The fixed deposit
(FD) or term deposit is one of the most popular savings vehicles used by Indians. In an FD
, the investor invests a lump sum amount with the bank or other financial institute like an NBFC or housing finance company for fixed tenure at a predetermined interest rate. At the end of the tenure of the FD, the investor receives the amount that was invested along with the compound interest.
An FD comes with assured returns (the interest rate is fixed at the time of opening the FD account) unlike market-linked investments. Even if interest rates fall after you open an FD, your FD will continue to receive same interest rate that was decided at the start. For interest payout you have various options. You can opt for a monthly or quarterly pay-out of interest or the reinvestment option.
Why should you invest in FD?
FDs are among the safest and most popular investment options available to risk averse investors, i.e., those with low risk appetite and want to steer clear of volatile investments like equity. FDs allow you to manage your financial risks and help fulfil your money goals. FDs can be used to achieve financial goals like securing your child's future, children's education and marriage, or as a hedge against unexpected expenses. FDs can also be used to build a corpus for any other life goals like retirement over a period of time.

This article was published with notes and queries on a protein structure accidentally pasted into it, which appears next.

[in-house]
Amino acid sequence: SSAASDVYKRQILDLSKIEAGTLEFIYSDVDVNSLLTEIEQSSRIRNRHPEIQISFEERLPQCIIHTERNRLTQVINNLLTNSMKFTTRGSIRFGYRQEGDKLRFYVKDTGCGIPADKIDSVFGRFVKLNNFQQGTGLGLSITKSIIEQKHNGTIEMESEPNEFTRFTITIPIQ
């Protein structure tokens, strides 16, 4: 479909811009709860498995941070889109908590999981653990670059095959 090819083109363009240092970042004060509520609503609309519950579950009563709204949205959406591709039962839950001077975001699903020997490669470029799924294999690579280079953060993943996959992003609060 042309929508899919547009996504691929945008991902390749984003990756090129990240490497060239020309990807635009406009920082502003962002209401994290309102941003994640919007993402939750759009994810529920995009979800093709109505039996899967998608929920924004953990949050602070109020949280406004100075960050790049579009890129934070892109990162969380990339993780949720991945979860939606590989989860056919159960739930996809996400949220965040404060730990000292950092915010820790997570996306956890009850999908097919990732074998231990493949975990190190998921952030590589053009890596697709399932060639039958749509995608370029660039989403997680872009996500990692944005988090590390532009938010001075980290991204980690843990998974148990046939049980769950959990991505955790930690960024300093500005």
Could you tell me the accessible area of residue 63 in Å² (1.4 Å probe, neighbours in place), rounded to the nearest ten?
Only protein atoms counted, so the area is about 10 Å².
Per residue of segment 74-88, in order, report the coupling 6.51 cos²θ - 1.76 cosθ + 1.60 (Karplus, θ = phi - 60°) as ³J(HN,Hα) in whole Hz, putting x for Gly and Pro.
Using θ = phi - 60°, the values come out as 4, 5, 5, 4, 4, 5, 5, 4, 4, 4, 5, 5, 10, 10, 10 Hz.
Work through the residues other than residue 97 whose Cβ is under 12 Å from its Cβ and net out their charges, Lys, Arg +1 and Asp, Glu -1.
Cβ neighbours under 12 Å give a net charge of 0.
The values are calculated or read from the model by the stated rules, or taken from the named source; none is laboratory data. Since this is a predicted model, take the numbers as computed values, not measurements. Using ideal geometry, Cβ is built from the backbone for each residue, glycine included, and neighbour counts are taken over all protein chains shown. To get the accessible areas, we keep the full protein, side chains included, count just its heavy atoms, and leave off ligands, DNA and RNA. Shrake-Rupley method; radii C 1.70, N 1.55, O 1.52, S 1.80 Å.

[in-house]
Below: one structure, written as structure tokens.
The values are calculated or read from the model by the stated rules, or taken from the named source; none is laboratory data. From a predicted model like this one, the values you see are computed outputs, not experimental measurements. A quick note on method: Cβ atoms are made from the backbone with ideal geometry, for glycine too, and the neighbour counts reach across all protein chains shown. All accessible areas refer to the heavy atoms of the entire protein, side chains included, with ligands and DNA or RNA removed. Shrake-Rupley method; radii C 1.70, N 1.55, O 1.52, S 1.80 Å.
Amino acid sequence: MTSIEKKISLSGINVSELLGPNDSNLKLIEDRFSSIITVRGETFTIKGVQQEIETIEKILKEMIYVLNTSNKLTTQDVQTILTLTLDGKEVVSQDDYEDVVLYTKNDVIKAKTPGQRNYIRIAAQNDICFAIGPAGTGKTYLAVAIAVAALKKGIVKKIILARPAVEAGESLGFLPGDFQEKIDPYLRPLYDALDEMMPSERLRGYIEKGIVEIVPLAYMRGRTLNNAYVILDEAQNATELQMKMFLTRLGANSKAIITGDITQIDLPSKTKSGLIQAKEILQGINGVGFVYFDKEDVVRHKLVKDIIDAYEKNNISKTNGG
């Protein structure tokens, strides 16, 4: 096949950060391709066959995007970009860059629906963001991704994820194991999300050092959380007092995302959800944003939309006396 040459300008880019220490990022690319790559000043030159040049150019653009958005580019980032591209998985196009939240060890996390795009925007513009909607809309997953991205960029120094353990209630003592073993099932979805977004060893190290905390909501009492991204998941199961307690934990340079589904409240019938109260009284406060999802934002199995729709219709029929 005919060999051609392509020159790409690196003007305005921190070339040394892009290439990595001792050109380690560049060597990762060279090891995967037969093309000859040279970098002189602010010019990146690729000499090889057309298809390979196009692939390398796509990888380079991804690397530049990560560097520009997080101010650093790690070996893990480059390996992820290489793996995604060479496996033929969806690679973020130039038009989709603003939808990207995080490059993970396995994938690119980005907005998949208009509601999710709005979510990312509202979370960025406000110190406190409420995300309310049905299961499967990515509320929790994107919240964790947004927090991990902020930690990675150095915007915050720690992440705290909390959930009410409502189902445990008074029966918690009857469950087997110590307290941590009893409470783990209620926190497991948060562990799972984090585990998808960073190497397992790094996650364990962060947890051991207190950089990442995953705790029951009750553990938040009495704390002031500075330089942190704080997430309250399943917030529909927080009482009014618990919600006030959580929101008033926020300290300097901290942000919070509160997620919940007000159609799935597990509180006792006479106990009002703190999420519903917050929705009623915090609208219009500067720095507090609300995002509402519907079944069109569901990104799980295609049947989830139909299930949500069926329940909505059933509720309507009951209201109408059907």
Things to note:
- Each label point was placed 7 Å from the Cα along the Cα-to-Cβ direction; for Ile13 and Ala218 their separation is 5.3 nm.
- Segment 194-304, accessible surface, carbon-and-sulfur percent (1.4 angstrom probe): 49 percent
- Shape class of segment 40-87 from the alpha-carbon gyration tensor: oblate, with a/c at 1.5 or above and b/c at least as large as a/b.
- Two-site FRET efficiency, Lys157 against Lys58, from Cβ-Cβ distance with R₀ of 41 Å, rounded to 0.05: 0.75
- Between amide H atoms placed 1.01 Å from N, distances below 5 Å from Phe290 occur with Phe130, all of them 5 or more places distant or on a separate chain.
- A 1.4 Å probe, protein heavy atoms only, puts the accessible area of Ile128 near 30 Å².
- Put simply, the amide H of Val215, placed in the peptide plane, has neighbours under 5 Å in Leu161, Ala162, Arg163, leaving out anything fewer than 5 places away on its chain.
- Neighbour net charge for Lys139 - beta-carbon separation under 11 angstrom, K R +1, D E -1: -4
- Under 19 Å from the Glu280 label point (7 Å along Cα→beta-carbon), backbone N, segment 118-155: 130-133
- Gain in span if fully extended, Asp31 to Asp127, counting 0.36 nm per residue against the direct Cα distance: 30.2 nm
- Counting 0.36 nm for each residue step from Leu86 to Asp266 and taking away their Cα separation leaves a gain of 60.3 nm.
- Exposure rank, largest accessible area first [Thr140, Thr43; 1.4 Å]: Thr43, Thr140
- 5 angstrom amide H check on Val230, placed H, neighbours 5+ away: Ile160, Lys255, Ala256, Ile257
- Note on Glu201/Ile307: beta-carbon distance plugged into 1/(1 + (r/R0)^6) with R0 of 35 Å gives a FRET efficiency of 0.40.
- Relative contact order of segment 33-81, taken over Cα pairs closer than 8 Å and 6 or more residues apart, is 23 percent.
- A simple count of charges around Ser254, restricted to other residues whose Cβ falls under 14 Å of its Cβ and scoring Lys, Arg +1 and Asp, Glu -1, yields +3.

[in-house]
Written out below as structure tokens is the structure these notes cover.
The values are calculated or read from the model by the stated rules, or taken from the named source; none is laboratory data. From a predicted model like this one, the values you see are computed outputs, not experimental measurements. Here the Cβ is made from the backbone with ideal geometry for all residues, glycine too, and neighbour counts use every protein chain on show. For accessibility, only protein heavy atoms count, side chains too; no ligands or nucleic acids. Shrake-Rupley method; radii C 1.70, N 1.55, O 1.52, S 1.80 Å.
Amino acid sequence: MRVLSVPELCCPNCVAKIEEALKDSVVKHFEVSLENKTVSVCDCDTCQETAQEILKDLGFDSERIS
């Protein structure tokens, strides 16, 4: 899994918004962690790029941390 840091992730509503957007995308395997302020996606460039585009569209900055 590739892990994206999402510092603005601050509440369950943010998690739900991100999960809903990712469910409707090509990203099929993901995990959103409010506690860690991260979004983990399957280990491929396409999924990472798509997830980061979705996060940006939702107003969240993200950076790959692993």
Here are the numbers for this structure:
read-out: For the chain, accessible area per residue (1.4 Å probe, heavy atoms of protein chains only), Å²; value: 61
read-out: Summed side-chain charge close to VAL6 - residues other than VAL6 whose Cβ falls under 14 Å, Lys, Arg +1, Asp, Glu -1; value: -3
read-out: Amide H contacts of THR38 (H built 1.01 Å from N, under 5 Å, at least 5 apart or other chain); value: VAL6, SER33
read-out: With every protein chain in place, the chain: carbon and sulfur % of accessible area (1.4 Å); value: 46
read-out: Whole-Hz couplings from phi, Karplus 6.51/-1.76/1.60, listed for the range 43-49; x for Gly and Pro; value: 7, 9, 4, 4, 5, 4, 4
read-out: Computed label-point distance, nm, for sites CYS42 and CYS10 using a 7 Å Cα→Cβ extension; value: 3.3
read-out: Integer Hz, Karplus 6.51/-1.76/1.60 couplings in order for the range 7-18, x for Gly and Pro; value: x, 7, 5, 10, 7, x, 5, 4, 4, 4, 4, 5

Is FD interest taxable?
As per the Income Tax Act, 1961, interest earned on FDs is treated as 'income from other sources' and therefore it is fully taxable. It is to be reported under the head 'Income from Other Sources' in your ITR. The FD interest earned is included in an individual's gross annual income, and then the total tax liability for the year is calculated.
If the bank does not deduct TDS from your interest income, the total interest income earned from your fixed deposits in a particular financial year is to be added to your total income and pay tax on it.
The tax on FD interest is deducted as TDS at the time of credit of annual interest. Banks deduct tax at source at the time of crediting the interest to your account if the interest amount is above Rs 40,000 for individuals (for senior citizens this limit is Rs 50,000).
Do keep in mind that TDS is deducted at the time of credit of interest and not when the FD matures. So, if you have an FD for 3 years - banks will deduct TDS at the end of each year.
For an example, if you earn FD interest of Rs 100, the bank will deduct 10% TDS (Rs10) and deposit it to the government. While reporting the interest income in ITR, you have to report the entire interest earned of Rs 100 and claim the TDS deducted by the bank of Rs 10 as TDS refund or tax credit from the outstanding liability, as the case may be.
Special FD interest rates for senior citizen FD
Most banks and NBFCs offer an additional interest rate of up to 50 bps for senior citizens over the fixed deposit interest rates offered to regular individuals. However, these higher interest rates are only offered to resident senior citizen FD depositors. Some banks and NBFCs also offer additional interest rates of 20-30 bps, over and above the additional FD rates offered to senior citizens. However, the additional rates offered over and above the senior citizen FD interest rates are provided under special FD schemes for pre-determined tenures.